Driving down Tower Avenue on my way to school every day, I wondered why there were Jewish cemeteries on my street. Some of the largest churches in the neighborhood appeared to be different in their design from my family’s church; as I grew up, I learned that these Romanesque Revival buildings had been synagogues only a few decades before. I was in complete shock when one of my high school classmates told me that her parents—who were easily twenty years older than mine—grew up only minutes away from my childhood home. When I got home that day, I asked my grandmother about it all. That’s when she told me that she and my grandfather bought the house from a woman who was the last Jewish woman on the street in the 1960s. As an undergraduate, I learned that the population of Hartford’s North End changed as the result of three factors: increased African American migration, increased West Indian immigration, and increased Jewish movement to Hartford’s suburbs as restrictive housing covenants were disappearing. Having lived in a place where I was acutely aware of the shifts in people, communities, and spaces, working to understand the socio-historical underpinnings of the 2015 Baltimore Uprising felt familiar to me. Understanding the Uprising as it unfolded, however, was not.
On April 25, 2015, my oldest son and my father-in-law went to Camden Yards to watch the Orioles play the Red Sox. I remember receiving an alert on my phone that the game was going to be called early due to protests, but that fans weren’t being allowed to leave the stadium immediately as a safety precaution. I soon received another revised alert that the game had in fact finished all nine innings, but fans were still being held inside. My husband and I found the alerts to be questionable, so we called my father-in-law to find out what was going on. They were in fact, leaving the stadium, and were on their way home. I continued to follow the story of yet another extrajudicial death of an African American man, but it the story felt far away—thirty-one miles and a world away. Until April 29. When my Introduction to Public History class met.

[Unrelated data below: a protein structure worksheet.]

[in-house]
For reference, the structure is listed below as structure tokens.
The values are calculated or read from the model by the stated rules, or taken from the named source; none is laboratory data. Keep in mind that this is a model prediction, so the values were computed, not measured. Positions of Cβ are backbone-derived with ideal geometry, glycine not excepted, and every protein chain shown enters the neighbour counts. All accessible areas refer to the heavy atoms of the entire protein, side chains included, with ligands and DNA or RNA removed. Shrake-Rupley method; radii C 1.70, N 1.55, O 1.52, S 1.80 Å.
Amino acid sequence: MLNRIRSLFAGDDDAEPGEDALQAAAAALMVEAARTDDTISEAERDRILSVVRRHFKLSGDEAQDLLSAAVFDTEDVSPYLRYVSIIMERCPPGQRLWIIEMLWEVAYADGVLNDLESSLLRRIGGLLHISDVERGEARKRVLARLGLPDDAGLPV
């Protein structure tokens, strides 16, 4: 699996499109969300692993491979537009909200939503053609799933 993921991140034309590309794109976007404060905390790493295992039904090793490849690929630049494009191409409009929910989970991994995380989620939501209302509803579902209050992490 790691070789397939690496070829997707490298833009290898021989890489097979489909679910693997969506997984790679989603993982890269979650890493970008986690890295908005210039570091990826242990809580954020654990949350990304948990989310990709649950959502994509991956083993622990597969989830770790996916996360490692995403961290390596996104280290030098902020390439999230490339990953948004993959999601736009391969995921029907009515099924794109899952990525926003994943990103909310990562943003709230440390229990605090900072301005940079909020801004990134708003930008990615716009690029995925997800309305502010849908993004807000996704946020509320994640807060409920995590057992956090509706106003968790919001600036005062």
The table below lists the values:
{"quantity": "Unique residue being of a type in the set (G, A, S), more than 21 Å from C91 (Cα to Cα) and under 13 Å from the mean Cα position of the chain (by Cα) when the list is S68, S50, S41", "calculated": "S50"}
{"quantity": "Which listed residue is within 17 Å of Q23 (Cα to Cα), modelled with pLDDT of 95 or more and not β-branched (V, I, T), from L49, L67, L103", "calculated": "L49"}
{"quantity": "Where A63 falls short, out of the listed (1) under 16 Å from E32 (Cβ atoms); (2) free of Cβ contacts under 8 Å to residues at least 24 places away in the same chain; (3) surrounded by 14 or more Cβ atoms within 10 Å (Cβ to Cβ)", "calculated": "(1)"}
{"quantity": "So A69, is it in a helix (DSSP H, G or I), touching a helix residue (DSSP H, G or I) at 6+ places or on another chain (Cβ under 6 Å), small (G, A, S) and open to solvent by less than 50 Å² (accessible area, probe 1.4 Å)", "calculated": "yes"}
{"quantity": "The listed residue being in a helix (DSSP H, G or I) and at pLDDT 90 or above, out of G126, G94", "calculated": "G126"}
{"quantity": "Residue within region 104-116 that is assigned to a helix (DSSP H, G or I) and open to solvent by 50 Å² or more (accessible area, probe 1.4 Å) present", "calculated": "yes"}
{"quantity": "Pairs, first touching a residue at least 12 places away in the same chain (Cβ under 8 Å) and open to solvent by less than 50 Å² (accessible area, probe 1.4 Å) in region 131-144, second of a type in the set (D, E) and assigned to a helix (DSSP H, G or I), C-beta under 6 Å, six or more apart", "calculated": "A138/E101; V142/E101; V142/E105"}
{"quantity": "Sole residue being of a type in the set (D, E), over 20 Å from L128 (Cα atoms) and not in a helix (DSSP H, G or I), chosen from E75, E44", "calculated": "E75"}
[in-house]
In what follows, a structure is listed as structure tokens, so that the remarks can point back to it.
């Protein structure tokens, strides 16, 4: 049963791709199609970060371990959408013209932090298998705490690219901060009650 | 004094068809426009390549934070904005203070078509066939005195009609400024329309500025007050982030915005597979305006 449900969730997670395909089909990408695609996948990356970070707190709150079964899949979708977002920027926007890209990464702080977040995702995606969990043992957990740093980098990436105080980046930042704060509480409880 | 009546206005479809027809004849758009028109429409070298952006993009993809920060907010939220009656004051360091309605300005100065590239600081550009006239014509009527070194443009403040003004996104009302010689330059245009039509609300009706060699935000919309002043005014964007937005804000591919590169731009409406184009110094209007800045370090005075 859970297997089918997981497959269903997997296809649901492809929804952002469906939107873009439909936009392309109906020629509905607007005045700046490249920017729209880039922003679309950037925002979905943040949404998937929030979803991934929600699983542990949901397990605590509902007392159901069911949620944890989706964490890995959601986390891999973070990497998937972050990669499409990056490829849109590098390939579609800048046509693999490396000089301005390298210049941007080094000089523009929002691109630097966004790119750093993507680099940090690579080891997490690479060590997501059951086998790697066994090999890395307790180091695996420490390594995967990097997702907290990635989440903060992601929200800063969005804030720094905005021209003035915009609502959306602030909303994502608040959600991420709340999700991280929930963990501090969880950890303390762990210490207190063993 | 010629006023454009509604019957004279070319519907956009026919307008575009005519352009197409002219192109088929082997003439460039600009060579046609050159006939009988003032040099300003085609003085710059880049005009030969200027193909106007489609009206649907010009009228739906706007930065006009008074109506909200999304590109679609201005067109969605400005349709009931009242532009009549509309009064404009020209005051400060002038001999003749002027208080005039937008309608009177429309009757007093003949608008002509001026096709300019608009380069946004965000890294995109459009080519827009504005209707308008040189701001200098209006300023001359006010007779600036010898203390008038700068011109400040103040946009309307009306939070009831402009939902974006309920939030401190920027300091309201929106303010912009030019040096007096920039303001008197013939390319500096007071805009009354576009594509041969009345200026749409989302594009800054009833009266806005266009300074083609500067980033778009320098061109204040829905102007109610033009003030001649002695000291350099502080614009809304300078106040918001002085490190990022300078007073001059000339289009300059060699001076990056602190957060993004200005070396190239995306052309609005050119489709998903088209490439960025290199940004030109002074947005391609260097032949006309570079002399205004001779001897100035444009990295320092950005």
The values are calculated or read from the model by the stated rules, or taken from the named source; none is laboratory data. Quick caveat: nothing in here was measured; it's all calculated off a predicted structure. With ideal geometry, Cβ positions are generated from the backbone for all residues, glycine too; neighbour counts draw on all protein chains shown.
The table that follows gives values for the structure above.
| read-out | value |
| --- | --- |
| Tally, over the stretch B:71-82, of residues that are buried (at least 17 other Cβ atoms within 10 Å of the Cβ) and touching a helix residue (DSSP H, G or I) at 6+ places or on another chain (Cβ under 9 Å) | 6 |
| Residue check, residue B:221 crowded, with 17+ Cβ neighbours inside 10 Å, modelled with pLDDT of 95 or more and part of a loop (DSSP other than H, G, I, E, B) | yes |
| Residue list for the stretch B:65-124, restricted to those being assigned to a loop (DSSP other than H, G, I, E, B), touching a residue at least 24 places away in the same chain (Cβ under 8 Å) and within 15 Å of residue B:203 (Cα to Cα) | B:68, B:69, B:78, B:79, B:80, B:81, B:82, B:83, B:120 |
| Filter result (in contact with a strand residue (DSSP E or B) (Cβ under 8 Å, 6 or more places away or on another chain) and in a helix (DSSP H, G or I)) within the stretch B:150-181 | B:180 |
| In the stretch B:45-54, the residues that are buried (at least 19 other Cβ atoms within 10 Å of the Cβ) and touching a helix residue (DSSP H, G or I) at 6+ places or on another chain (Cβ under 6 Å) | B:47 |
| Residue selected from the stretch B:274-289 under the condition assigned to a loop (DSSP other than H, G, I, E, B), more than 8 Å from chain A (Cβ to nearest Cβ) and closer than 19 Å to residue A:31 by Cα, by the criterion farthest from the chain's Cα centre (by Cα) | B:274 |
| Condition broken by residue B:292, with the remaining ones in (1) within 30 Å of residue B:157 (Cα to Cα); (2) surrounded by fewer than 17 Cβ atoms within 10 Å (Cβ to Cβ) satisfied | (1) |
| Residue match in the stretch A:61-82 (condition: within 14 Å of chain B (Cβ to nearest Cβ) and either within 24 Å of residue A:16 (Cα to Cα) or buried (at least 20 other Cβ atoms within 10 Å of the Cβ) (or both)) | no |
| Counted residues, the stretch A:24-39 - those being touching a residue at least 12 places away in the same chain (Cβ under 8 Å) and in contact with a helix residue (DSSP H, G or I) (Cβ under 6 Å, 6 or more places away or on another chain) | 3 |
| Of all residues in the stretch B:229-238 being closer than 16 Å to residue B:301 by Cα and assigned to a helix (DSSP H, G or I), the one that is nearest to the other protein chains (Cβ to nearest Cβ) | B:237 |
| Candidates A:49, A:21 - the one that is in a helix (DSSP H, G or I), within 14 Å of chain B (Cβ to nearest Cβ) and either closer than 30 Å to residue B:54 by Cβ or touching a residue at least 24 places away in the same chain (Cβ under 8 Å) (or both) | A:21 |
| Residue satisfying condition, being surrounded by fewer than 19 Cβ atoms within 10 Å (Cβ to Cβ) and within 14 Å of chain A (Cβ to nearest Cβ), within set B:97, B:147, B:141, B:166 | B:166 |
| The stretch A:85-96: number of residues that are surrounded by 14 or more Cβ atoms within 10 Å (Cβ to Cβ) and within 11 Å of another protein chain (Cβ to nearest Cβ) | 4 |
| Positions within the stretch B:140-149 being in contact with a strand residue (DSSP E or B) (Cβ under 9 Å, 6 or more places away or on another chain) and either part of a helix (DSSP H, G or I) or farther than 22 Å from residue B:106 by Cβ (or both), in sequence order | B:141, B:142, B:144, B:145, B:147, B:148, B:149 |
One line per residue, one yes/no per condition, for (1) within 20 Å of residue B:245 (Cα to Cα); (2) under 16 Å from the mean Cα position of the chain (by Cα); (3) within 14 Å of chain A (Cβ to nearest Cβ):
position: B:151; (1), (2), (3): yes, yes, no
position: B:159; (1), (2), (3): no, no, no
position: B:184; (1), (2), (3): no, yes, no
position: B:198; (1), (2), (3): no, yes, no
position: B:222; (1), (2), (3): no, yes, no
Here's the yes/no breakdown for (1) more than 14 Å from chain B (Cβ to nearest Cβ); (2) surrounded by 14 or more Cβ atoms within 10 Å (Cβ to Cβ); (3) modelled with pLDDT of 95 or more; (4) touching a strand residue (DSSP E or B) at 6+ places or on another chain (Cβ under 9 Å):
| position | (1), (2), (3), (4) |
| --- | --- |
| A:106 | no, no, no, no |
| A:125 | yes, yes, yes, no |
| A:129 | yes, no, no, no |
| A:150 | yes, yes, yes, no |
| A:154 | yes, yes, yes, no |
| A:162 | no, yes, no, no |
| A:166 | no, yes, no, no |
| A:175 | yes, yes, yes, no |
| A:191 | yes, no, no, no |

For a talkative and opinionated group, our class was quiet. The air was heavy, filled with our emotions, questions, and critiques. Slowly, we began to think out loud: We’re public historians. What is our responsibility in this moment? Most of us were following various Facebook and Twitter feeds to get the latest information on protests, news conferences, and the everyday moments of joy that still occurred, no matter what mainstream media reports displayed on repeat. That night in class, the Preserve the Baltimore Uprising 2015 Archive Project was born. We all agreed there needed to be a place for Baltimoreans to share their experiences in whatever format felt right to them. We believed this space needed to exist so that a more complete, nuanced, plural narrative of the Uprising could be told. We knew and openly acknowledged from the beginning that this would be an imperfect public history undertaking, precisely because it occurring in real time. For the rest of the week, I felt like I needed to be doing something, anything, but I was unsure as to what that would look, feel, or sound like. And then my daughter texted me—UMBC’s American Studies department was planning a teach-in on Baltimore, and she was going. It was settled in that moment: I would teach the Uprising to my middle school students. And I did.